Former Olympian June on the joy of winning a medal
THE sudden Olympic spirit which gripped Britain this summer came as a surprise to most people. Overnight it seems, we were transformed from a country of mid-table performances and indifferent flag-waving to gladiatorial sporting achievements and fanatical
THE sudden Olympic spirit which gripped Britain this summer came as a surprise to most people. Overnight it seems, we were transformed from a country of mid-table performances and indifferent flag-waving to gladiatorial sporting achievements and fanatical screaming at the judo over our cornflakes.
However, one Hampstead woman felt it more than most. June Carroll, who under her maiden name of June Paul has her own collection of medals including some from the Olympics, isn't normally a good bystander.
"I don't normally watch, either in the stands or on the TV. I get itchy feet and I feel penned in - I want to be out there doing it," the 74-year-old laughs.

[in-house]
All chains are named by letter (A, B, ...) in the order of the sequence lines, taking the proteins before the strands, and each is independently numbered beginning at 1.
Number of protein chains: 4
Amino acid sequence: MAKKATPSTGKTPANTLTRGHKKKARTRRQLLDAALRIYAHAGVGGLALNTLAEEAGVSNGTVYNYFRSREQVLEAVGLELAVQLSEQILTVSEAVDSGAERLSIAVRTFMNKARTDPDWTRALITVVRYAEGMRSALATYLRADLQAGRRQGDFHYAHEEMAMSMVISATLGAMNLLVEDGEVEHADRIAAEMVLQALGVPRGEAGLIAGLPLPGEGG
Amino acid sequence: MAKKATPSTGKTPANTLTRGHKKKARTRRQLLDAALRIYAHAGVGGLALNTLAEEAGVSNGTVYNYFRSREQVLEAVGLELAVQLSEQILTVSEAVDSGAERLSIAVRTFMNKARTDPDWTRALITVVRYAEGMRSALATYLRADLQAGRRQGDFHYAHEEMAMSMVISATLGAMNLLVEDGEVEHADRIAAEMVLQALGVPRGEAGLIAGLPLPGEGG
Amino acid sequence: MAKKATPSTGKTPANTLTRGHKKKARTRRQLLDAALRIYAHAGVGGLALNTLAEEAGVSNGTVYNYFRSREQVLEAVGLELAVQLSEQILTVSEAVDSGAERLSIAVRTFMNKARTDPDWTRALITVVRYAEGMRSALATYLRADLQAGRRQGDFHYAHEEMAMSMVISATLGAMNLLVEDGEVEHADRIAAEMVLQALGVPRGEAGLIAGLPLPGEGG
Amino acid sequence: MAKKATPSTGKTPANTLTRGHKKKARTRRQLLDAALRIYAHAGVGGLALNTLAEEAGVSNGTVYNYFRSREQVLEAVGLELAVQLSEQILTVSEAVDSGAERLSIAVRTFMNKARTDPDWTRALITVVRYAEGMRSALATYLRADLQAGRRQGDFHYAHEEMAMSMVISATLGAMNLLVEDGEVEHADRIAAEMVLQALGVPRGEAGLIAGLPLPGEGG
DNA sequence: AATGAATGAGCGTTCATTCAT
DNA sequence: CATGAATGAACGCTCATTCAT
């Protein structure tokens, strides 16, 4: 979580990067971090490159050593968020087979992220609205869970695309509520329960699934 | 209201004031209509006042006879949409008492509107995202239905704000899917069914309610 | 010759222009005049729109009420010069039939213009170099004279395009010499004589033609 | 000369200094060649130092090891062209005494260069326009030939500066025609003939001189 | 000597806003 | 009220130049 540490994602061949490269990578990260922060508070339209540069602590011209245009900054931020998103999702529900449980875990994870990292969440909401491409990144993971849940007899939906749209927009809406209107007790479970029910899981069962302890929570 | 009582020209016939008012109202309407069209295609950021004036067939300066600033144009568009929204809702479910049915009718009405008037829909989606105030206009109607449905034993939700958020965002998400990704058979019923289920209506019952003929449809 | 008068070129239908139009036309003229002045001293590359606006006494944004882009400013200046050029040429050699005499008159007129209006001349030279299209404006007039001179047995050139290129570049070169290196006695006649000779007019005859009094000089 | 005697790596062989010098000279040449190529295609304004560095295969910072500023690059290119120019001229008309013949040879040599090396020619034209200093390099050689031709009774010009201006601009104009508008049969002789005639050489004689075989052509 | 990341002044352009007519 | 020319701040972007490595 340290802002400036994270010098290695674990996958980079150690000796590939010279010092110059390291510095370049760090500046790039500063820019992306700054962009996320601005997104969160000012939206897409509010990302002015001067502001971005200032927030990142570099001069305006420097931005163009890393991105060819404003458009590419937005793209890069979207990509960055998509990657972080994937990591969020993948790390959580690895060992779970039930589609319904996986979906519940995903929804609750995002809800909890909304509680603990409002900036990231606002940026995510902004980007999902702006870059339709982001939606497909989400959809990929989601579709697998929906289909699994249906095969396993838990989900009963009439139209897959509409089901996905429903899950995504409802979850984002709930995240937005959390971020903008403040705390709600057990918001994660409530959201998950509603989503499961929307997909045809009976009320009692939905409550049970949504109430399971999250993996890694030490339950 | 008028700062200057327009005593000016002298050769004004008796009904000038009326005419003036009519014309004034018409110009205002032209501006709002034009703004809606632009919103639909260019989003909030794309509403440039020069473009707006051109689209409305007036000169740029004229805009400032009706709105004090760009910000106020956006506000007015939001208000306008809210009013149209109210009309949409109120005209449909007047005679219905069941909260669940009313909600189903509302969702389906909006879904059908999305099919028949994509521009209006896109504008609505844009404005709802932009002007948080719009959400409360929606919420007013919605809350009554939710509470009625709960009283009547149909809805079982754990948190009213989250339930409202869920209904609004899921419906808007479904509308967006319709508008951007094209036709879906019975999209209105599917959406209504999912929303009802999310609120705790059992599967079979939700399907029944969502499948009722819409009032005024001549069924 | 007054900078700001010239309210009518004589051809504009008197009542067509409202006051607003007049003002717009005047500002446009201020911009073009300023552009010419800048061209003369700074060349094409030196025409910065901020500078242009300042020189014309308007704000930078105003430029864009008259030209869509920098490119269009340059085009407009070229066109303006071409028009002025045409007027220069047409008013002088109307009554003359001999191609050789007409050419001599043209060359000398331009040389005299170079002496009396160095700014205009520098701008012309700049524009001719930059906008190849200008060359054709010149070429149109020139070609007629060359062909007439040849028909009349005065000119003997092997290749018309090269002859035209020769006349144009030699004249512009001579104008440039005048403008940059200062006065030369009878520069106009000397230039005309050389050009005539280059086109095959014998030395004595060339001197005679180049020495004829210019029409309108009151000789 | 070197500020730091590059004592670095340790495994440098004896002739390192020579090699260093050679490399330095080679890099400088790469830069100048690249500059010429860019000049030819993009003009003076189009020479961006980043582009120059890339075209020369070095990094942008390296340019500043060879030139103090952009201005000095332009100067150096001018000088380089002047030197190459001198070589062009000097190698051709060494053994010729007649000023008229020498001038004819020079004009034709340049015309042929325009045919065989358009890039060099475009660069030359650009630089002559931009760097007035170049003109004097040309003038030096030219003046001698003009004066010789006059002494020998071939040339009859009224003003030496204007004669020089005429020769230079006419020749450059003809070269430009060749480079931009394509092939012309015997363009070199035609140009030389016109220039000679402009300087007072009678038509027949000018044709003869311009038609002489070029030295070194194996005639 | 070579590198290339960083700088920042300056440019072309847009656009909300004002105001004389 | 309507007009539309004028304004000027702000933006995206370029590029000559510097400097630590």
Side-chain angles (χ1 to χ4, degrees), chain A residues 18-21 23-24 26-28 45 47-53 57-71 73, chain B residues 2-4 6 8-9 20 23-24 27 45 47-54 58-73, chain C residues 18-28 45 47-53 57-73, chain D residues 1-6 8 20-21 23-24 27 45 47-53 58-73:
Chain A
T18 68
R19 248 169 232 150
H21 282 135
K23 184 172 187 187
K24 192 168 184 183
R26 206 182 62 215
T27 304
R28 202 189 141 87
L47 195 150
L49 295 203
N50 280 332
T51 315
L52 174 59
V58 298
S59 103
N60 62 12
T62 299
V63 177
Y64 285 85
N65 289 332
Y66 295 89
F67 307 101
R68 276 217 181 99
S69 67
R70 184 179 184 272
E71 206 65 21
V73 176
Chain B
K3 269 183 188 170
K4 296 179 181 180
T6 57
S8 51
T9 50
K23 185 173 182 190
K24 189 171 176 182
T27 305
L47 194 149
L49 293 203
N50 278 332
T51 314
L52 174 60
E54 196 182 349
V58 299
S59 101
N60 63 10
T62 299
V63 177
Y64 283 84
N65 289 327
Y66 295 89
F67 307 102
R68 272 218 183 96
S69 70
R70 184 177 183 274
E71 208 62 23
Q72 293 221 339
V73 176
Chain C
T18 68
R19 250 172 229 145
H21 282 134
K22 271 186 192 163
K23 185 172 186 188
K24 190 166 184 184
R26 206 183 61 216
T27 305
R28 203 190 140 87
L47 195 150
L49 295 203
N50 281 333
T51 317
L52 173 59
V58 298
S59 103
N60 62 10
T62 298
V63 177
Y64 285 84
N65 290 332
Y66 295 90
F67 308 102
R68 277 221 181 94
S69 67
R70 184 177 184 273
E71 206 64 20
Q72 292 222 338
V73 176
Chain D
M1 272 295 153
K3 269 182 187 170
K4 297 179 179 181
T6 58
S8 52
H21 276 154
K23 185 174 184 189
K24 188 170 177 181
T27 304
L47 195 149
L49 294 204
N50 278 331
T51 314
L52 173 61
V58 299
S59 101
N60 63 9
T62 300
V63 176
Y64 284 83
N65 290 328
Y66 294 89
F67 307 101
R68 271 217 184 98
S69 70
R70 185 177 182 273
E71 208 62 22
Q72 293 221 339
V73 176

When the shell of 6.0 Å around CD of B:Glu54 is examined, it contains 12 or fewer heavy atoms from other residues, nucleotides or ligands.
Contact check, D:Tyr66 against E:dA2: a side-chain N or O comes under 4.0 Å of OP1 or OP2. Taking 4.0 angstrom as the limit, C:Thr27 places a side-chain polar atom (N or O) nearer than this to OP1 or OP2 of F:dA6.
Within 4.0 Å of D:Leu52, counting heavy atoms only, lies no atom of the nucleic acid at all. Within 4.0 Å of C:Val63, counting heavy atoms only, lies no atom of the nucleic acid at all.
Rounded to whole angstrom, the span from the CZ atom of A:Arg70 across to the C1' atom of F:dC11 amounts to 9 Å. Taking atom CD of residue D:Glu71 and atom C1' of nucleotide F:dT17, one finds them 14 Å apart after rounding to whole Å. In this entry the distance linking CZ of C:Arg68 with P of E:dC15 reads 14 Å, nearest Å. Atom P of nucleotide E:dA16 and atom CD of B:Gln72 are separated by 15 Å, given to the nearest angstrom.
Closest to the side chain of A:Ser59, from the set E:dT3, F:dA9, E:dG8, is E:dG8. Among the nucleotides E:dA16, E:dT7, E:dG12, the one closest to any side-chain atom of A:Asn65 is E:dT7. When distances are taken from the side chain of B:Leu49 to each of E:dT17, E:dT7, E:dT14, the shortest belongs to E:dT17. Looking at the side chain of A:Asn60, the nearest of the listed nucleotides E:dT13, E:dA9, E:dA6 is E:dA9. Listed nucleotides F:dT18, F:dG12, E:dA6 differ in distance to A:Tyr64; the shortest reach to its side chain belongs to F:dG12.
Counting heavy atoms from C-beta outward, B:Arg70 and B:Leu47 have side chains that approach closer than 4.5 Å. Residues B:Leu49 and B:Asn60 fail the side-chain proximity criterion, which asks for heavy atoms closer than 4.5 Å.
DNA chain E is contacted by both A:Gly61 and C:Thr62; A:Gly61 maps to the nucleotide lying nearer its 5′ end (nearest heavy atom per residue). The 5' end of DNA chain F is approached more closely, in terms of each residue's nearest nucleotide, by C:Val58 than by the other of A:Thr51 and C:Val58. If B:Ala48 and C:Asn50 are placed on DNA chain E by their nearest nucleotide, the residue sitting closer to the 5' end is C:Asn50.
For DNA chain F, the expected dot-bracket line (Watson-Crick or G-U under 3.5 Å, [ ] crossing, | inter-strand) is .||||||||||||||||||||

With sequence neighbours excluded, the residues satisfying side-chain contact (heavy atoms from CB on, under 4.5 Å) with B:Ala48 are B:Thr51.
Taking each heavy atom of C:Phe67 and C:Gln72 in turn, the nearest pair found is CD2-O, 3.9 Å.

But this year, even she was pulled in by the magnetic allure of Beijing and Team GB's achievements.
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"I put the telly on one morning and the sculling was on," she says with a slight Cockney twang. "I would normally switch it off but I stood in front of it. I was urging them on and I couldn't breathe with the tension.
"It was so close. My head was in my arms by the end and I had tears streaming down my face. It was an incredible reaction and I thought, boy - you never bloody lose it."
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Ms Carroll has certainly competed often enough to catch the bug. At 16 she was British champion and record holder for the 200 yards. In the 1952 Helsinki Olympics she won a bronze medal in the relay and a silver in Melbourne four years later.
In the 1958 Commonwealth Games her relay team won gold and broke the world record - just before she damaged her Achilles tendon and was forced to retire.
The success made her a superstar of almost modern day proportions.
"I was a big celebrity," she nods. "When I was 16 I used to have reporters coming to my door in Shepherds Bush and waiting."